Quantum gravity physics based on facts, giving checkable predictions

Tuesday, September 13, 2005


The 19th century 'ether' research failed because there were two models built on speculation, both wrong. Maxwell's ether was initially a solid, but after a disaster with the elasticity of the ether in displacement current (see three posts back), he converted to gear cogs and idler wheels. Opposing him was Kelvin's ether, a jelly like substance which could sustain permanent vortex rings, hence Kelvin's vortex ring atomic model.

The problem you understand started with J.J. Thomson and Henry Becquerel, who discovered evidence for a subatomic particle (electron) and for the break up of the atom (radioactivity). Kelvin then simply used his powerful reputation to dismiss these as speculative nonsense, rather like modern work on the spacetime fabric is treated by most experts today.

Anyone speaking out in favour of science was ridiculed. Progress was denied. Then, just as science was getting into a serious rut, Einstein came along, an obscure patent clerk on the Continent, and showed the way forward very clearly: damn the mechanical models and mechanisms. All that matters, Einstein's philosophy showed, is mathematical models that can be tested and that are useful.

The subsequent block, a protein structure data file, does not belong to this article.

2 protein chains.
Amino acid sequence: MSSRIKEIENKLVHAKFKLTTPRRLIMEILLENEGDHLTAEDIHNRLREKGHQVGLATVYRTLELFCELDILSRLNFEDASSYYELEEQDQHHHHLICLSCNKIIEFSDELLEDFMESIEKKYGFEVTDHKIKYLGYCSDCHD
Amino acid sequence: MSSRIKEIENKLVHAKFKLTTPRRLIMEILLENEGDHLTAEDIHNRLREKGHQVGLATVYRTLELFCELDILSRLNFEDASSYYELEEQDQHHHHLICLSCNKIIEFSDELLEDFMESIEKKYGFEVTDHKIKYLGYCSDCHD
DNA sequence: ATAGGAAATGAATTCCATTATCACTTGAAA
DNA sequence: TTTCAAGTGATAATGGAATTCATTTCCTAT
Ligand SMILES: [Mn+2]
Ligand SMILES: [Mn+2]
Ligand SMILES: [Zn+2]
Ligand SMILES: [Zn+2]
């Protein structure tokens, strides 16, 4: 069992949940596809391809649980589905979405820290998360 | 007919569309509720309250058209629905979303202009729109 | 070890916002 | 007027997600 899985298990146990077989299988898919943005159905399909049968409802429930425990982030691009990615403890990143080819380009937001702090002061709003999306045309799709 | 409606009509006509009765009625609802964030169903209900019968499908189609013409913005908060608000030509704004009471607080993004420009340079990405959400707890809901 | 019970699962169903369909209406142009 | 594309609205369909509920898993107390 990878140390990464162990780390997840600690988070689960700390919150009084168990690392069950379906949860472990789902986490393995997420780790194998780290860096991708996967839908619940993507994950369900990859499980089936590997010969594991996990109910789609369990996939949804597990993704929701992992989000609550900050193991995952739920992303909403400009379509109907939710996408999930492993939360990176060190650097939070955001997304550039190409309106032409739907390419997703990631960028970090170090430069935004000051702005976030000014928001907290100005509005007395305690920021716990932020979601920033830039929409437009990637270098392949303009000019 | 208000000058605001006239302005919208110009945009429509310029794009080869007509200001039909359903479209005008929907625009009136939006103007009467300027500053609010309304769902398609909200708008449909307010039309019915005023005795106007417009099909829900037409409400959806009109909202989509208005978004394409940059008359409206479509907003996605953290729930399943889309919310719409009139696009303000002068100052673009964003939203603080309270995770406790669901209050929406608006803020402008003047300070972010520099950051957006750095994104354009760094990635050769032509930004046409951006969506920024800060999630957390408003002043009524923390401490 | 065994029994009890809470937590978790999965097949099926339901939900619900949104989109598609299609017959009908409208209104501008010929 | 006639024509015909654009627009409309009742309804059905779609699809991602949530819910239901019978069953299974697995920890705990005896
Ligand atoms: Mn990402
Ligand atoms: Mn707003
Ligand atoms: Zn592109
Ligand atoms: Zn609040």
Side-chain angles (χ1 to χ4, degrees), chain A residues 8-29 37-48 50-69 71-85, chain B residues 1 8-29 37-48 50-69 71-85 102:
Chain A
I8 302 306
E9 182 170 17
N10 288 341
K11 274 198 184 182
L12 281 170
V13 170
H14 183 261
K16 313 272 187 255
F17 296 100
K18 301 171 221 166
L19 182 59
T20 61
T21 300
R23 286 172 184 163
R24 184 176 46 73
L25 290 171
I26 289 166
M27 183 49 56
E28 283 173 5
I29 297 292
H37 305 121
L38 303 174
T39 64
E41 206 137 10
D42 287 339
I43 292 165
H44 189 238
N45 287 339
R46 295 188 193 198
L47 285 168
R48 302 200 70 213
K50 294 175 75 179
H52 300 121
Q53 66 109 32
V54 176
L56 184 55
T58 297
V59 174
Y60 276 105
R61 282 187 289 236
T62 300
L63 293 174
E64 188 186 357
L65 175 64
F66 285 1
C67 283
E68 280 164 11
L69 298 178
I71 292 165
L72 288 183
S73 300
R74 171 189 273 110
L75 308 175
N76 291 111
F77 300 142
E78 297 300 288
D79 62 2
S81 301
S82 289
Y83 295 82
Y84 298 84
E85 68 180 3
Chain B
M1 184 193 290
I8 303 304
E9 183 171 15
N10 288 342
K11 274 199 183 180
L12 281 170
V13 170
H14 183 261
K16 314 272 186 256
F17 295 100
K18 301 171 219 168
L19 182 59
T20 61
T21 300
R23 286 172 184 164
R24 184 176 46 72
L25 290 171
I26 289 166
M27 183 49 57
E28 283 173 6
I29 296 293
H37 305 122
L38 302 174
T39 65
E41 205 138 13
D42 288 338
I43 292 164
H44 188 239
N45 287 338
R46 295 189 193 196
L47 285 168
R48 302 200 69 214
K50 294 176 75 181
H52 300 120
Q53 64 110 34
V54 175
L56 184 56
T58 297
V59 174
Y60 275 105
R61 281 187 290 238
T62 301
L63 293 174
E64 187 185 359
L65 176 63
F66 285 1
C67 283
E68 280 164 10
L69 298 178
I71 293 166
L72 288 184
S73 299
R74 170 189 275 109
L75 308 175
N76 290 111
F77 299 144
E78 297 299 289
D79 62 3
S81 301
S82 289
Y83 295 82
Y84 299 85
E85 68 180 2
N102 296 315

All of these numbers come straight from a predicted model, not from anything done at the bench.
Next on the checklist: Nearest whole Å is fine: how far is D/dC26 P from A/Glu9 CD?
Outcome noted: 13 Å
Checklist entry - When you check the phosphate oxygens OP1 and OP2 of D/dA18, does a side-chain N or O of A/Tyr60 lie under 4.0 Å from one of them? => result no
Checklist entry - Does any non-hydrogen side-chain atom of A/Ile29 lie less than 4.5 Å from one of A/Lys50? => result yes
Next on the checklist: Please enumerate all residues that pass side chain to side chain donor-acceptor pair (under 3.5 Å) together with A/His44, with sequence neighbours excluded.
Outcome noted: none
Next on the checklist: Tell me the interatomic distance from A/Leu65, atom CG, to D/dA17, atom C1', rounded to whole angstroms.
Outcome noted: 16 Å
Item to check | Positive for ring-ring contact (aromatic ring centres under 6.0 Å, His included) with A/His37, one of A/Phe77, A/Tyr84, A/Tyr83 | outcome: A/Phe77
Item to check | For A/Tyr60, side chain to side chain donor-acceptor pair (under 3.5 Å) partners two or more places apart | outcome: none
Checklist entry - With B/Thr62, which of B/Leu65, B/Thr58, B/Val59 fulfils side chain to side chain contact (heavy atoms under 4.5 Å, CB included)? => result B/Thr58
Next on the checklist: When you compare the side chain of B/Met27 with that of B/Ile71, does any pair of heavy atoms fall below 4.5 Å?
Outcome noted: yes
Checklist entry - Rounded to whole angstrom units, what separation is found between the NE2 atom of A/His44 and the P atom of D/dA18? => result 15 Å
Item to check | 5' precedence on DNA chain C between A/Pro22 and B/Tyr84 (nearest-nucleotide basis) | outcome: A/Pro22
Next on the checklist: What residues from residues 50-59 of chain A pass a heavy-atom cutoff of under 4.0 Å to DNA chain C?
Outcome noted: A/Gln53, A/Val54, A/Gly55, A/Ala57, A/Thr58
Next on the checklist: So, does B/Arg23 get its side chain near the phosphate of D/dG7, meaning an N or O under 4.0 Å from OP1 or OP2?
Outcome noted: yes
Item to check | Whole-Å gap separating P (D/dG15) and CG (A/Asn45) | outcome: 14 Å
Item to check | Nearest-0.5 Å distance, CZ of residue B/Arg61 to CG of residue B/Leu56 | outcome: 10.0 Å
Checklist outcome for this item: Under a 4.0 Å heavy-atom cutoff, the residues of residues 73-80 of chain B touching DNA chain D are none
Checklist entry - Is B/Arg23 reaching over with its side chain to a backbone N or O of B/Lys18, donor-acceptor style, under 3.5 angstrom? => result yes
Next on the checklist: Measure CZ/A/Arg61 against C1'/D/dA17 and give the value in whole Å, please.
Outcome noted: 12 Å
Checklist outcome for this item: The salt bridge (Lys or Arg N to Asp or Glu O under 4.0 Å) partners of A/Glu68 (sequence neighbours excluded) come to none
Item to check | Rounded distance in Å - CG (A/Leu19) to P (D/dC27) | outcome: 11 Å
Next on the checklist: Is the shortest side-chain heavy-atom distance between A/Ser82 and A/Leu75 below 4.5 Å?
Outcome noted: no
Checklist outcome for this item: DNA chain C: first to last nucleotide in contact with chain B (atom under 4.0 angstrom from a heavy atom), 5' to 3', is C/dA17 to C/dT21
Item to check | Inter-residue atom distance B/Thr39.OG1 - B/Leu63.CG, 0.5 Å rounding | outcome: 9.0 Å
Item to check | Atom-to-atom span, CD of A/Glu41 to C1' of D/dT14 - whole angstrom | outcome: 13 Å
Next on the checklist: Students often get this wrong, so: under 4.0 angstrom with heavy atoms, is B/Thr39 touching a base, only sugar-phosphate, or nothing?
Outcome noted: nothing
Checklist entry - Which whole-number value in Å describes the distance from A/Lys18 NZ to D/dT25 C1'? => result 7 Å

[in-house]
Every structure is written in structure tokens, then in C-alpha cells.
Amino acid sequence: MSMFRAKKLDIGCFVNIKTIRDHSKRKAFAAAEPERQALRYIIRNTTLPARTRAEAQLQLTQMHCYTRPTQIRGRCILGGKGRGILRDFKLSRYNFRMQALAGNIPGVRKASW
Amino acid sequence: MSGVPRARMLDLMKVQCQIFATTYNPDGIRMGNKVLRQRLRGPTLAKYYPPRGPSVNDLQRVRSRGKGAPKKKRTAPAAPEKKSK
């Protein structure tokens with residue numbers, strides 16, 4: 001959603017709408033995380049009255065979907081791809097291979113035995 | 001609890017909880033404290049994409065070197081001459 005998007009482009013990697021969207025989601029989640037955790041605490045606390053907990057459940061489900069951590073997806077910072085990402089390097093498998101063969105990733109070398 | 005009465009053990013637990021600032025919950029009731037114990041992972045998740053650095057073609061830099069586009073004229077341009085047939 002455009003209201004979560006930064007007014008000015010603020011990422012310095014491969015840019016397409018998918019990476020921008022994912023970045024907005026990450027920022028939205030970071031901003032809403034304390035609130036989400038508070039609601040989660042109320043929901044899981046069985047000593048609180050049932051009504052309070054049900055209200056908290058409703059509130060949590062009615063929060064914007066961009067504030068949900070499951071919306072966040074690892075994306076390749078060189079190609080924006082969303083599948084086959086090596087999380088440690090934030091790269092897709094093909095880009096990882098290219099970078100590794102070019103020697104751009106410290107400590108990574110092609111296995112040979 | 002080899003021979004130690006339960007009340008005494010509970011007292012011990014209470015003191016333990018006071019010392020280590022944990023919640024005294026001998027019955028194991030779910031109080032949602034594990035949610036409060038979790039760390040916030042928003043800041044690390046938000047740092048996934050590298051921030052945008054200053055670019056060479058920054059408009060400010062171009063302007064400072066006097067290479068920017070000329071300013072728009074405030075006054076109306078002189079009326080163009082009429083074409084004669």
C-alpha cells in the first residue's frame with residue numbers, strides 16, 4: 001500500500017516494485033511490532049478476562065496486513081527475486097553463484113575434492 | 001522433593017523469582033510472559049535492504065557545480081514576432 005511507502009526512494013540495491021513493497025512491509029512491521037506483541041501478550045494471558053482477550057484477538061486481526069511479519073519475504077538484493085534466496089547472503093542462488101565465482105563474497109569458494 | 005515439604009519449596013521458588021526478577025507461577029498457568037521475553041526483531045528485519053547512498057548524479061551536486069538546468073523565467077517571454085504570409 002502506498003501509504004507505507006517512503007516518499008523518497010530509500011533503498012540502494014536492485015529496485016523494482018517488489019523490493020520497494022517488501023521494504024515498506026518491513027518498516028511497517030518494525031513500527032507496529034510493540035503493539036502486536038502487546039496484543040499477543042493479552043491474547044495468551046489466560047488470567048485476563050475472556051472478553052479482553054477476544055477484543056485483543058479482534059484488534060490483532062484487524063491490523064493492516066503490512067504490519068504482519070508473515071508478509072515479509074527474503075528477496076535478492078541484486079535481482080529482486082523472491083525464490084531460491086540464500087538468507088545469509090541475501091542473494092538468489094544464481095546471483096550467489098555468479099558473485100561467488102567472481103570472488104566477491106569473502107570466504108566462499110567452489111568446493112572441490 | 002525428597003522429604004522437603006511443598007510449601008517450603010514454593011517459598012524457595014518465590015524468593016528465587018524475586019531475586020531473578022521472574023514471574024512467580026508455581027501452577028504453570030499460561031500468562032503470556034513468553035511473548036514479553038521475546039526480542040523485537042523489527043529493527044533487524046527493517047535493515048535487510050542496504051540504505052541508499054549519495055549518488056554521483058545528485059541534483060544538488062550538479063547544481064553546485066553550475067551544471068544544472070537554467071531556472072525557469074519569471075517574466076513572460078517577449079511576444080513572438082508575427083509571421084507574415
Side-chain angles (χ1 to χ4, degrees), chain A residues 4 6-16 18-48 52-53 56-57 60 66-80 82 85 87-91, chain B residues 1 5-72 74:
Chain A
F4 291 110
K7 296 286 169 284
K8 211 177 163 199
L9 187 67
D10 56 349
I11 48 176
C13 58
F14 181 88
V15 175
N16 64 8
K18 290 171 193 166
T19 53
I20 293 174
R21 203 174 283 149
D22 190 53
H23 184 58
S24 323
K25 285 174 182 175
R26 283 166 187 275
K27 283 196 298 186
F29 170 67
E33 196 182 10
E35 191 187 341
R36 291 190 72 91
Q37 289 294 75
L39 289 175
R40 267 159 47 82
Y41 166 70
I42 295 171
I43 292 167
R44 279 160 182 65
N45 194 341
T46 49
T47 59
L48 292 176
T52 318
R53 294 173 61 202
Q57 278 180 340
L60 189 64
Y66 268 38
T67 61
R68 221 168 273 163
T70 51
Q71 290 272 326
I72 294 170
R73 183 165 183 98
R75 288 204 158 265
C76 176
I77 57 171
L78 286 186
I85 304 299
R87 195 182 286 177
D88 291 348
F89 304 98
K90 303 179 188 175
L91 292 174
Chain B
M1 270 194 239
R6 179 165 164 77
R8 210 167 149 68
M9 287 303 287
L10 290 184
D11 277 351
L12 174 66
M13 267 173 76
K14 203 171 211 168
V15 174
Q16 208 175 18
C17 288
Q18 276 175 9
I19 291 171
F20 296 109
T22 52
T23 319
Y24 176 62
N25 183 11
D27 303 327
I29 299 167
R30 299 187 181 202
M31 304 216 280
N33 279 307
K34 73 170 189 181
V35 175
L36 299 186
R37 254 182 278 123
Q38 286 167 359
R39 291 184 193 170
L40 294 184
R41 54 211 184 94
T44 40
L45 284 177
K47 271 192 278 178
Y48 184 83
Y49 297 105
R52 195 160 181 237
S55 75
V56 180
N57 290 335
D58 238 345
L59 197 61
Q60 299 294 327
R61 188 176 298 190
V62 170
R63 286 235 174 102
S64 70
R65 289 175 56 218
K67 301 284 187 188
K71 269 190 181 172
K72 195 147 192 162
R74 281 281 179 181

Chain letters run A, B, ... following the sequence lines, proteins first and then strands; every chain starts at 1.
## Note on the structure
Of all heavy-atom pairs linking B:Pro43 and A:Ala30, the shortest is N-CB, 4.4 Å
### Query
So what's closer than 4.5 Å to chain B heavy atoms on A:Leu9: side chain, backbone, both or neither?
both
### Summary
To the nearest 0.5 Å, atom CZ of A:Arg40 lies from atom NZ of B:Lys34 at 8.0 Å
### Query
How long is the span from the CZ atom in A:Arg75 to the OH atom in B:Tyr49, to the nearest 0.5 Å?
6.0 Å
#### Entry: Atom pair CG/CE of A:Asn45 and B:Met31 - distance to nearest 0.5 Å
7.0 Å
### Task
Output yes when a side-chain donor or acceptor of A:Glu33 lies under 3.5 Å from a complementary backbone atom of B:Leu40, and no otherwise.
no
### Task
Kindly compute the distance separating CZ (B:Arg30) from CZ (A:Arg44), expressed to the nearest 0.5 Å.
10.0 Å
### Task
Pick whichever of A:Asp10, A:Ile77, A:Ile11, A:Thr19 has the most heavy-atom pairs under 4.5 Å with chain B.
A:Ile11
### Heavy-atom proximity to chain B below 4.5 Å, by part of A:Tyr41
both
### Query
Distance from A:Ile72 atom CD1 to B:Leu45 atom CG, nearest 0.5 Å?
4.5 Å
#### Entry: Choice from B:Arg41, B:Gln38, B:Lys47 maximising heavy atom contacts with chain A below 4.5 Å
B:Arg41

Einstein saved radioactivity and the electron, not merely by working on the mathematical theory of the photoelectric effect and relativity, but giving the world an excuse to ignore the ether. Maxwell's and Kelvin's ether models were not only contradictory in mechanical detail, but virtually untestable. If you have a vague, non-mathematical, idea of vortices or gear boxes in the fabric of space, you can keep adding new idler wheels or new properties to keep it from failing in tests, just as epicycles were added to the Earth-centred universe to keep it 'fixed'.

This is the great problem with the over-simplistic Popper-Kuhn conception of science. You have a theory and make a prediction. The test is done and the result is unexpected. Now, does that disprove the theory, or does it prove that you need to modify the theory to bring it into line with the latest experimental finding? This is where the big controversy occurs.

Kelvin's vortex atoms were mathematically shown - by Kelvin and Tait, great mathematical physicists of the day - to be permanent and indestructable. Rutherford therefore had problems with Kelvin over radioactivity. Rutherford also competed with J.J. Thomson who had a plum pudding (mixed, i.e., non-nuclear) theory of the atom. In the end, Rutherford won recognition, in part because his nuclear atom led to Bohr's early theory of quantum mechanics, later developed into the modern theory by de Broglie, Schrodinger, Heisenberg, Born, and others.

Sadly, Bohr, Heisenberg and Born opposed Einstein, de Broglie and Schrodinger over the interpretation of the mathematical result. Einstein's fame of 1919 (confirmation of general relativity in the solar eclipse) allowed him to become heretical in 1920, where he said in his inaugural lecture at Leyden University: 'According to the general theory of relativity, space without ether is unthinkable.'

So we are, all things told, indebted to Einstein. Even if special relativity is not the final word.